Overall Position

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The Overall Position (OP) is a tertiary entrance rank used in the Australian state of Queensland for selection into universities. Like similar systems used throughout the rest of Australia, the OP shows how well a student has performed in their senior secondary studies compared to all other OP-eligible students in Queensland. The system was introduced in 1992.[1]

The OP is calculated and used similarly to the Australian Tertiary Admission Rank (ATAR) in other states. Instead of being a percentile rank (0.00 - 99.95), however, the OP is a number from 1 to 25, where 1 is the highest and 25 is the lowest. This range of possible results is bell curved so the percentage of students receiving the very highest and very lowest results is much less common than those receiving mid-range OPs. In 2012, 724 students received the highest rank, OP1, according to Minister for Education, Training and Employment John-Paul Langbroek.[2] 55.6% of Queensland high school students were able to obtain an OP in 2012.[3]

A table is produced in conjunction with other tertiary authorities to allow conversion between Overall Position, ATAR, Universities Admission Index, SAT, and the A-Level scales.

Calculating an Overall Position[edit]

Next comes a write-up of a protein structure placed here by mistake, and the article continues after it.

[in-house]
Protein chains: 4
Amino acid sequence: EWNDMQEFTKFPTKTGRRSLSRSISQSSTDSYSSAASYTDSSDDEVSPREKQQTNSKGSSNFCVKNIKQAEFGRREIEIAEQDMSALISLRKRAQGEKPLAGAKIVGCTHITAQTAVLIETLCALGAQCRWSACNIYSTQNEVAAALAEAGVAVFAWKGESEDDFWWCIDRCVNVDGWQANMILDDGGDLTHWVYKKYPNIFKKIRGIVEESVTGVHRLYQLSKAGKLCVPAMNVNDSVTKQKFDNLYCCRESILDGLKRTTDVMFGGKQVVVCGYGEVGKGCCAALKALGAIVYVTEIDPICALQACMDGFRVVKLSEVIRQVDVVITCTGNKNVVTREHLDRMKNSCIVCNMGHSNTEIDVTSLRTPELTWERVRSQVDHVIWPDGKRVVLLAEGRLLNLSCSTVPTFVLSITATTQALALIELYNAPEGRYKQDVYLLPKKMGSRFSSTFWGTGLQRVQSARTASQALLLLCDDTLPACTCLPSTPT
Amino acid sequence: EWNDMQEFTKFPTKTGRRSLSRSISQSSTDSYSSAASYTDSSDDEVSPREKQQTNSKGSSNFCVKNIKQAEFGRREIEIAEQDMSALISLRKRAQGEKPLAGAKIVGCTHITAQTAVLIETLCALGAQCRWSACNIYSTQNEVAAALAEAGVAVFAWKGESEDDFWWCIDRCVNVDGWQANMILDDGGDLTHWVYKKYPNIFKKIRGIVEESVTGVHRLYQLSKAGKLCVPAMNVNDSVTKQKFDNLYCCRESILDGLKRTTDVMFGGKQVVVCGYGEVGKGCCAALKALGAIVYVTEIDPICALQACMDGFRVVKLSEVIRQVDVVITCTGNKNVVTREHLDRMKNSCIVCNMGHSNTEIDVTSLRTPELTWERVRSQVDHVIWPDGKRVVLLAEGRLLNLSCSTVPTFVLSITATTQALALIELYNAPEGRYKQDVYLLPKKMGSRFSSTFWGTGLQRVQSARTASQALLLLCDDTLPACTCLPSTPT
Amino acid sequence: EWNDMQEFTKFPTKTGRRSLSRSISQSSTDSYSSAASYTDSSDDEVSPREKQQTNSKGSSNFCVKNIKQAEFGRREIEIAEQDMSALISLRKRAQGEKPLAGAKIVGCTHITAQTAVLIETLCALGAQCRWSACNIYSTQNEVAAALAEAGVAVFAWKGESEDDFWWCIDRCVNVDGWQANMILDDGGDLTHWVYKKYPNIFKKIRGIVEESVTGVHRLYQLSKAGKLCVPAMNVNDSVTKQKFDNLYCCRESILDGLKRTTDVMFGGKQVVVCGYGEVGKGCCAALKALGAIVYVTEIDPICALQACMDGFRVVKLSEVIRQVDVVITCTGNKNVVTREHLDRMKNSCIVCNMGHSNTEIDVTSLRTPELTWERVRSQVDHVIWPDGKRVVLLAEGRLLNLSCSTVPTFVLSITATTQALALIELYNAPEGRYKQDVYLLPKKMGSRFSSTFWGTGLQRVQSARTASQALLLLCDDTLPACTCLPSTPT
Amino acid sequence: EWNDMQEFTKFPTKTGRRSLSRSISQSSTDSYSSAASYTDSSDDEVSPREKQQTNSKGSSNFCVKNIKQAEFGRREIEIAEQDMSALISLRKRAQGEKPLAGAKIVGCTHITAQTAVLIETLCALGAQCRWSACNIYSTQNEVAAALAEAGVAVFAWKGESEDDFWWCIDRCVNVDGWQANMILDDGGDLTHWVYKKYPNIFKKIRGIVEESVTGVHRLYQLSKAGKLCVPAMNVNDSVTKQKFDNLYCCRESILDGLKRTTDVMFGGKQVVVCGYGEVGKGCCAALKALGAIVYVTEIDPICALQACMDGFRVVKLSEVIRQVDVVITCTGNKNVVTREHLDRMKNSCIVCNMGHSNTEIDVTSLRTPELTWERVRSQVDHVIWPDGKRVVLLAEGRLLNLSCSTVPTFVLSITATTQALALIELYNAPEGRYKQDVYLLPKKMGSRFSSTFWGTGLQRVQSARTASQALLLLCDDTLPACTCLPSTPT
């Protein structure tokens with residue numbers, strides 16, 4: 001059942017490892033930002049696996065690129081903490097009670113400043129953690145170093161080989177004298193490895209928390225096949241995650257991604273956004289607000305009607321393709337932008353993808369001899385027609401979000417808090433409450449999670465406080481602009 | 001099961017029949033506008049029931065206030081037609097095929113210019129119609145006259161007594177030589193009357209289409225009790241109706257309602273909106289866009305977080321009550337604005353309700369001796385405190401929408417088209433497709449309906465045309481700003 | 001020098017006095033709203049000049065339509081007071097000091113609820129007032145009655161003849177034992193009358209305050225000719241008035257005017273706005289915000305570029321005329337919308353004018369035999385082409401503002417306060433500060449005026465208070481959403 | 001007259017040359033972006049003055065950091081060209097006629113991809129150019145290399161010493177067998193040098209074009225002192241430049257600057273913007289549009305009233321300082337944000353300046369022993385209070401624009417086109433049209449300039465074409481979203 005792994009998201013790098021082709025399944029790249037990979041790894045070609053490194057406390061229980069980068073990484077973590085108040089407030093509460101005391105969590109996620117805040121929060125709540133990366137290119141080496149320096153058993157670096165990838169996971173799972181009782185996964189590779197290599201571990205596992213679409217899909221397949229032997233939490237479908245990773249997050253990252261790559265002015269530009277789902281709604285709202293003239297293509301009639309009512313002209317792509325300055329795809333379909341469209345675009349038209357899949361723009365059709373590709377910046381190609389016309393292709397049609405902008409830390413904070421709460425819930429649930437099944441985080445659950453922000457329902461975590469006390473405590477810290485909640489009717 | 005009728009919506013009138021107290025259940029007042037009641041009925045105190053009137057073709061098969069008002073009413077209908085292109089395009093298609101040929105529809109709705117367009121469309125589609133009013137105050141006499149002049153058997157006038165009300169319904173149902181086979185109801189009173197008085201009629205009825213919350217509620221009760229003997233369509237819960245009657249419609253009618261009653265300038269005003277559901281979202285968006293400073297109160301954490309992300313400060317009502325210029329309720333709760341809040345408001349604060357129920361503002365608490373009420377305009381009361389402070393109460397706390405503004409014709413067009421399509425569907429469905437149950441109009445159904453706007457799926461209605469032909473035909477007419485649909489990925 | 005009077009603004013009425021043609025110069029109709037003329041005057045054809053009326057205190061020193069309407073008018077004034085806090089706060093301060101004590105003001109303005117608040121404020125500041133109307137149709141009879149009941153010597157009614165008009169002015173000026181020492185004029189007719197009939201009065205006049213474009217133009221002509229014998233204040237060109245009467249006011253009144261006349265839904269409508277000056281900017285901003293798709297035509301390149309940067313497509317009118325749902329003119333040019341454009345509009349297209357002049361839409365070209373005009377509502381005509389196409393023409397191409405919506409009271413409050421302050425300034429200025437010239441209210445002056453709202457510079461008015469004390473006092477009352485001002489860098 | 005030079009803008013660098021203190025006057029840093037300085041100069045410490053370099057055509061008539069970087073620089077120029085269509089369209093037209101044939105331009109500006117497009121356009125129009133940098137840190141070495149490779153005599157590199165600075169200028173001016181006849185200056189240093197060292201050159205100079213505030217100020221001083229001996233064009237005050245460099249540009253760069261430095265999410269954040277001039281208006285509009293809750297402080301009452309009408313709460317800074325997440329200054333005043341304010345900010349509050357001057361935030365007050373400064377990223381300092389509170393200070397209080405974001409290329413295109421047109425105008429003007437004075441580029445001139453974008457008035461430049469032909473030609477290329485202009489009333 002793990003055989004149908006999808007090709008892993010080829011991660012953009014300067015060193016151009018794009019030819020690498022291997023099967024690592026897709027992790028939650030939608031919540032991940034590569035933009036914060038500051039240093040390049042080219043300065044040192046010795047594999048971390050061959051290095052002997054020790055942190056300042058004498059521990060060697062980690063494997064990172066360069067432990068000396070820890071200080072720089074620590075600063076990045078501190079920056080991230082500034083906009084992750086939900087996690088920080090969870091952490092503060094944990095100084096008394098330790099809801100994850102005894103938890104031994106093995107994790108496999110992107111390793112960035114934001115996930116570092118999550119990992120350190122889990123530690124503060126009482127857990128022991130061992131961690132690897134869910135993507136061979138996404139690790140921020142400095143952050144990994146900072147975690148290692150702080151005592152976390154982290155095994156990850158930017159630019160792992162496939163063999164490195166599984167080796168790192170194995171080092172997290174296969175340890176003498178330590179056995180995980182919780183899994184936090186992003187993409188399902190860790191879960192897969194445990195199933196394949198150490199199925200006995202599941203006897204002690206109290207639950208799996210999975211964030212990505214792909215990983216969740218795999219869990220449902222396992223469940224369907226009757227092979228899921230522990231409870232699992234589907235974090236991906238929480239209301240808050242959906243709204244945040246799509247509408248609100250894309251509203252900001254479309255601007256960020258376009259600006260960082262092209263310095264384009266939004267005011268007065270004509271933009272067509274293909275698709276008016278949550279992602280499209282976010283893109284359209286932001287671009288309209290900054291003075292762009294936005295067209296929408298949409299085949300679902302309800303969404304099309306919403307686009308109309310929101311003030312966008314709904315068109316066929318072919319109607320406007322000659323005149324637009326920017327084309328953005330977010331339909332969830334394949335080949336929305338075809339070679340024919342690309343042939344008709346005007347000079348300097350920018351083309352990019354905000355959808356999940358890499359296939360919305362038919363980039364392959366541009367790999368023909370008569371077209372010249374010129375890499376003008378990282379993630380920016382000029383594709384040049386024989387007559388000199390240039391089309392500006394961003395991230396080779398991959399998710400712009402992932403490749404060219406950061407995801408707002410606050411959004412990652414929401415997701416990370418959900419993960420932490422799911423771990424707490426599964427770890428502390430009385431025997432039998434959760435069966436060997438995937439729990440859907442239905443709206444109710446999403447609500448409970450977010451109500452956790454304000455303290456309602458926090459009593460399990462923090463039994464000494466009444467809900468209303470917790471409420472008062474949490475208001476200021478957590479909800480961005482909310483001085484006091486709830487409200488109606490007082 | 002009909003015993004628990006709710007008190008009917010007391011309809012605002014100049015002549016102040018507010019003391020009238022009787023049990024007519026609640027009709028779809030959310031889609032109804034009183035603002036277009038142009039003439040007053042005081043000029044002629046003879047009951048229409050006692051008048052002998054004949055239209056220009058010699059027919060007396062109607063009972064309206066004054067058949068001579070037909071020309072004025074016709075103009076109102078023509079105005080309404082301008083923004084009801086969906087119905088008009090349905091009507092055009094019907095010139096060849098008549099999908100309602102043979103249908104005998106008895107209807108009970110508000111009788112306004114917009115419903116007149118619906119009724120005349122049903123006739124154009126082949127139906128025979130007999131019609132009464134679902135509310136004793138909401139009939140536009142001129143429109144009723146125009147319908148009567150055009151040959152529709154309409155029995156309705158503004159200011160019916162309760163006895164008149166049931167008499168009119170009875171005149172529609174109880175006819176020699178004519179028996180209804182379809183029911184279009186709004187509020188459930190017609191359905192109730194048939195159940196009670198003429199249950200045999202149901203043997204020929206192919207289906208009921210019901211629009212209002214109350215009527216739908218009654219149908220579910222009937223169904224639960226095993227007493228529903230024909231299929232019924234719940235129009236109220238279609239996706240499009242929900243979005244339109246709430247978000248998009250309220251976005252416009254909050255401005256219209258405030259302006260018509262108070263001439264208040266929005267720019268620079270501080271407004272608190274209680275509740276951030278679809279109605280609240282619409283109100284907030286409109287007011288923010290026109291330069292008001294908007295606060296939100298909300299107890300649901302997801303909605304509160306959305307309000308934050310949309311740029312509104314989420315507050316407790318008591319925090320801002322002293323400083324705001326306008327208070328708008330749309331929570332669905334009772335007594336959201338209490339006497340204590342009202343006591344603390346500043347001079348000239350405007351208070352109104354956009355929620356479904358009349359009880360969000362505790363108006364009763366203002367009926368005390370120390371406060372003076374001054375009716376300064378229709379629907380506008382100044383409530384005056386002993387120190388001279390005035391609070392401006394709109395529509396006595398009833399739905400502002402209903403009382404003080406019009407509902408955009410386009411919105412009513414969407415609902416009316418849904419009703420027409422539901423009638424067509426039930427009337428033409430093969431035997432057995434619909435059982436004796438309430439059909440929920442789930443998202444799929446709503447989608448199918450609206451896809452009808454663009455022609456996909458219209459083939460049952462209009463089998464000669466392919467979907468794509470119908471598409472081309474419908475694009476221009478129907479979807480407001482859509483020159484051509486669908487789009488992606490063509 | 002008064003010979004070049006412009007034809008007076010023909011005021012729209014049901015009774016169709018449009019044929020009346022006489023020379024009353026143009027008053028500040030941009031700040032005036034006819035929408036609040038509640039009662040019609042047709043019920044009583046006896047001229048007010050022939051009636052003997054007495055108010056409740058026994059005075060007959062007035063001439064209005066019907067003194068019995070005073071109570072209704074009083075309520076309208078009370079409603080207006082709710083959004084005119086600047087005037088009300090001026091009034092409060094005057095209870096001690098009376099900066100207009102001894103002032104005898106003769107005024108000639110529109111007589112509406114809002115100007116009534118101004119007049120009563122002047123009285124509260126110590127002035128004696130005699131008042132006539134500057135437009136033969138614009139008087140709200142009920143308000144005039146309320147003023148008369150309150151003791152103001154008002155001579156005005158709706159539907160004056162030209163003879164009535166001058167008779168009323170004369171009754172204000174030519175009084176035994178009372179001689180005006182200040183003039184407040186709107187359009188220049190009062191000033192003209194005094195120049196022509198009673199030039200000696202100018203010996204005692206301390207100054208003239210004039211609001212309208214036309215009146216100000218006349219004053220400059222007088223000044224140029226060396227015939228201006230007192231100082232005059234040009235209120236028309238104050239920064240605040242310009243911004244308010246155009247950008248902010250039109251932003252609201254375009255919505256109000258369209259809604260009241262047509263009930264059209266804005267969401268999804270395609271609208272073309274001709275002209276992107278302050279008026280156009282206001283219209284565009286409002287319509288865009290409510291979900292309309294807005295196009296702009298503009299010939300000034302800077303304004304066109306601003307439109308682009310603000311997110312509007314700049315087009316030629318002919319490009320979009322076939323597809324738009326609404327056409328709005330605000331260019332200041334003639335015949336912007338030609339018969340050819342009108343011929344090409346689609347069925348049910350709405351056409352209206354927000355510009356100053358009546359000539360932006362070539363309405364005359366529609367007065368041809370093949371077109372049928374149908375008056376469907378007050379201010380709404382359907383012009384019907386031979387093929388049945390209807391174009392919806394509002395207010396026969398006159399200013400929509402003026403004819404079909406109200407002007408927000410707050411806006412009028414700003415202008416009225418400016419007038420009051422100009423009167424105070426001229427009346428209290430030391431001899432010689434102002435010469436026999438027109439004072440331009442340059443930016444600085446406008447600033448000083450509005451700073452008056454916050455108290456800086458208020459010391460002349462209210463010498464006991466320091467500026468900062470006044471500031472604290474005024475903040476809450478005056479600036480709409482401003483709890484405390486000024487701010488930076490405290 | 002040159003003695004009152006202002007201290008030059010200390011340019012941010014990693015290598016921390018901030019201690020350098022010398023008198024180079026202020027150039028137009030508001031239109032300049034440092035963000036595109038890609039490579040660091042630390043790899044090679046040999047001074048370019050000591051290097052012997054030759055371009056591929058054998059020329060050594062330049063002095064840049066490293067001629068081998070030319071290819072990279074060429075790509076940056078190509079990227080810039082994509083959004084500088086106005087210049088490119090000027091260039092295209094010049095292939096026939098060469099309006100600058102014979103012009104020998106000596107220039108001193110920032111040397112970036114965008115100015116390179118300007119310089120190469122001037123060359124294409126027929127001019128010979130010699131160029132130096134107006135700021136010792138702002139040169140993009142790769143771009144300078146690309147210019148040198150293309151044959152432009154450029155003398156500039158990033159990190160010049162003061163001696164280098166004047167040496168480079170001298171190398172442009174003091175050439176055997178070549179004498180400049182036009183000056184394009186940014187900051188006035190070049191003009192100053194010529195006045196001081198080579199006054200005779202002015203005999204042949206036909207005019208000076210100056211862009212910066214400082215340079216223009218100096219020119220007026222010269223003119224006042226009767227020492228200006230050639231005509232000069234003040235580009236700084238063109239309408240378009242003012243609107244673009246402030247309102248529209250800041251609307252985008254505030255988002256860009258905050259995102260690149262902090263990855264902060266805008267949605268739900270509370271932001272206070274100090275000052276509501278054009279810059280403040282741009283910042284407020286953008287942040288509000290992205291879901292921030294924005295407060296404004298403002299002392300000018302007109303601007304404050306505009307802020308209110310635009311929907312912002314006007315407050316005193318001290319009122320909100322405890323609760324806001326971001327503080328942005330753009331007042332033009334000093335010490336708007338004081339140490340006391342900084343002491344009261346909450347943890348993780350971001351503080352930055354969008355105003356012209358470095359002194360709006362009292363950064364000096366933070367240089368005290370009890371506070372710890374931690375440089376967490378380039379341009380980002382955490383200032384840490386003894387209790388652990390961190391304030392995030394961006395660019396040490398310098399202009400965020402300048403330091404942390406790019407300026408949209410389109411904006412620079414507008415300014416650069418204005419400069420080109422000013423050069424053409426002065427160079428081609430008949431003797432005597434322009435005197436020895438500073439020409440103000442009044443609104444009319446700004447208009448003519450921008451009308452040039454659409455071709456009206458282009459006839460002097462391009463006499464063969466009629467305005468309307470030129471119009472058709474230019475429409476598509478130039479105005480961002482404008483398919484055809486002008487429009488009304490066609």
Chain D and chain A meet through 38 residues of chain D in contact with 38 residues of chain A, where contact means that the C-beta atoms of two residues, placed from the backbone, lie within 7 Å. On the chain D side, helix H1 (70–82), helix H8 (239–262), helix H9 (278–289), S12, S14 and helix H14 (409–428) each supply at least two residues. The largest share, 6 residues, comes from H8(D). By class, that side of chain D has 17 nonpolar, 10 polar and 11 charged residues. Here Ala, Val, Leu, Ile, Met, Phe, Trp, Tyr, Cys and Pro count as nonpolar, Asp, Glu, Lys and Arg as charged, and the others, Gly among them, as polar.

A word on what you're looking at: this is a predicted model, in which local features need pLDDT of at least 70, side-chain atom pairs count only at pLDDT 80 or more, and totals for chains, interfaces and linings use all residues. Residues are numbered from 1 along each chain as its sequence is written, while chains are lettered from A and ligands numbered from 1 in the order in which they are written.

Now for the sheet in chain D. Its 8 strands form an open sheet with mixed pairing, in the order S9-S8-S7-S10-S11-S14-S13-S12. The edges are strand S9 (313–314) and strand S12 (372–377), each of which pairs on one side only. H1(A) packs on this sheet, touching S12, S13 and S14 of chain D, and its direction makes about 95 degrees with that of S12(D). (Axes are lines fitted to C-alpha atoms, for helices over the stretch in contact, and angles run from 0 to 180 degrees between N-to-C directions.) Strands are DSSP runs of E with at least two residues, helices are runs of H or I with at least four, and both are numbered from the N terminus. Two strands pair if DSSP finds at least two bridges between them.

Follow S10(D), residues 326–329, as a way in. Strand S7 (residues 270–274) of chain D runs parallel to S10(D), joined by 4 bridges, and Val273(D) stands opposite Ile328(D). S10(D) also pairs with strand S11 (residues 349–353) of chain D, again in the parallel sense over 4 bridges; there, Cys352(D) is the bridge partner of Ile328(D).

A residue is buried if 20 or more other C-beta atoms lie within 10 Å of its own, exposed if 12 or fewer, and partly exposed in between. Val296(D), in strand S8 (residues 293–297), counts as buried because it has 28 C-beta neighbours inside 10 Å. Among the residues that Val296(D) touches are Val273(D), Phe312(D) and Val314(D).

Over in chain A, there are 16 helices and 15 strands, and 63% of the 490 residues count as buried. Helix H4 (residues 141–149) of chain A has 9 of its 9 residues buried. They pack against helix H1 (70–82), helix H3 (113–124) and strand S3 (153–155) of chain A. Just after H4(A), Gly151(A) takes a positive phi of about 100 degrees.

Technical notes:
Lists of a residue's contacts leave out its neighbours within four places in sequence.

OPs are calculated by the Queensland Studies Authority (QSA) for all students who satisfactorily complete the Queensland Certificate of Education (QCE) (or equivalent) and who meet certain other criteria for receiving an OP, such as participating in the Queensland Core Skills Test (QCS Test).[4]

The next level of calculation is to ensure that students are being equally assessed in ability in the school across subjects, and from school to school. Two levels of scaling are applied to ensure that each subject the student sits contributes equally to their OP.

Assignment of SAIs[edit]

OP calculation commences with the determination at a school-by-school level of Subject Achievement Indicators (SAI's) for each student within each subject in that school.

SAI's are numerical rankings showing how a student has performed relative to other students in the same subject in their school. SAI's are between 400 and 200, with the best-performing student in each subject at their school receiving an SAI of 400 for that subject, and the lowest-achieving student receiving 200. [5] SAI's are arbitrary figures - an SAI of 400 in any one subject is not comparable as a measure of academic achievement, with an SAI of 400 in any other course.[5]

In allocating SAI's, teachers are advised by the QSA to group their students in the standard OP grading bands of Very High, High, Satisfactory, Low and Very Low Achievement. Ten subranks are allocated within each grading bands, giving teachers a total of 50 possible ranks for each student in that subject. The same rank may be assigned to multiple students. The QSA advises schools on special provisions for students in small groups or small schools to prevent relative disadvantage in SAI allocation.[5]

Within-school scaling[edit]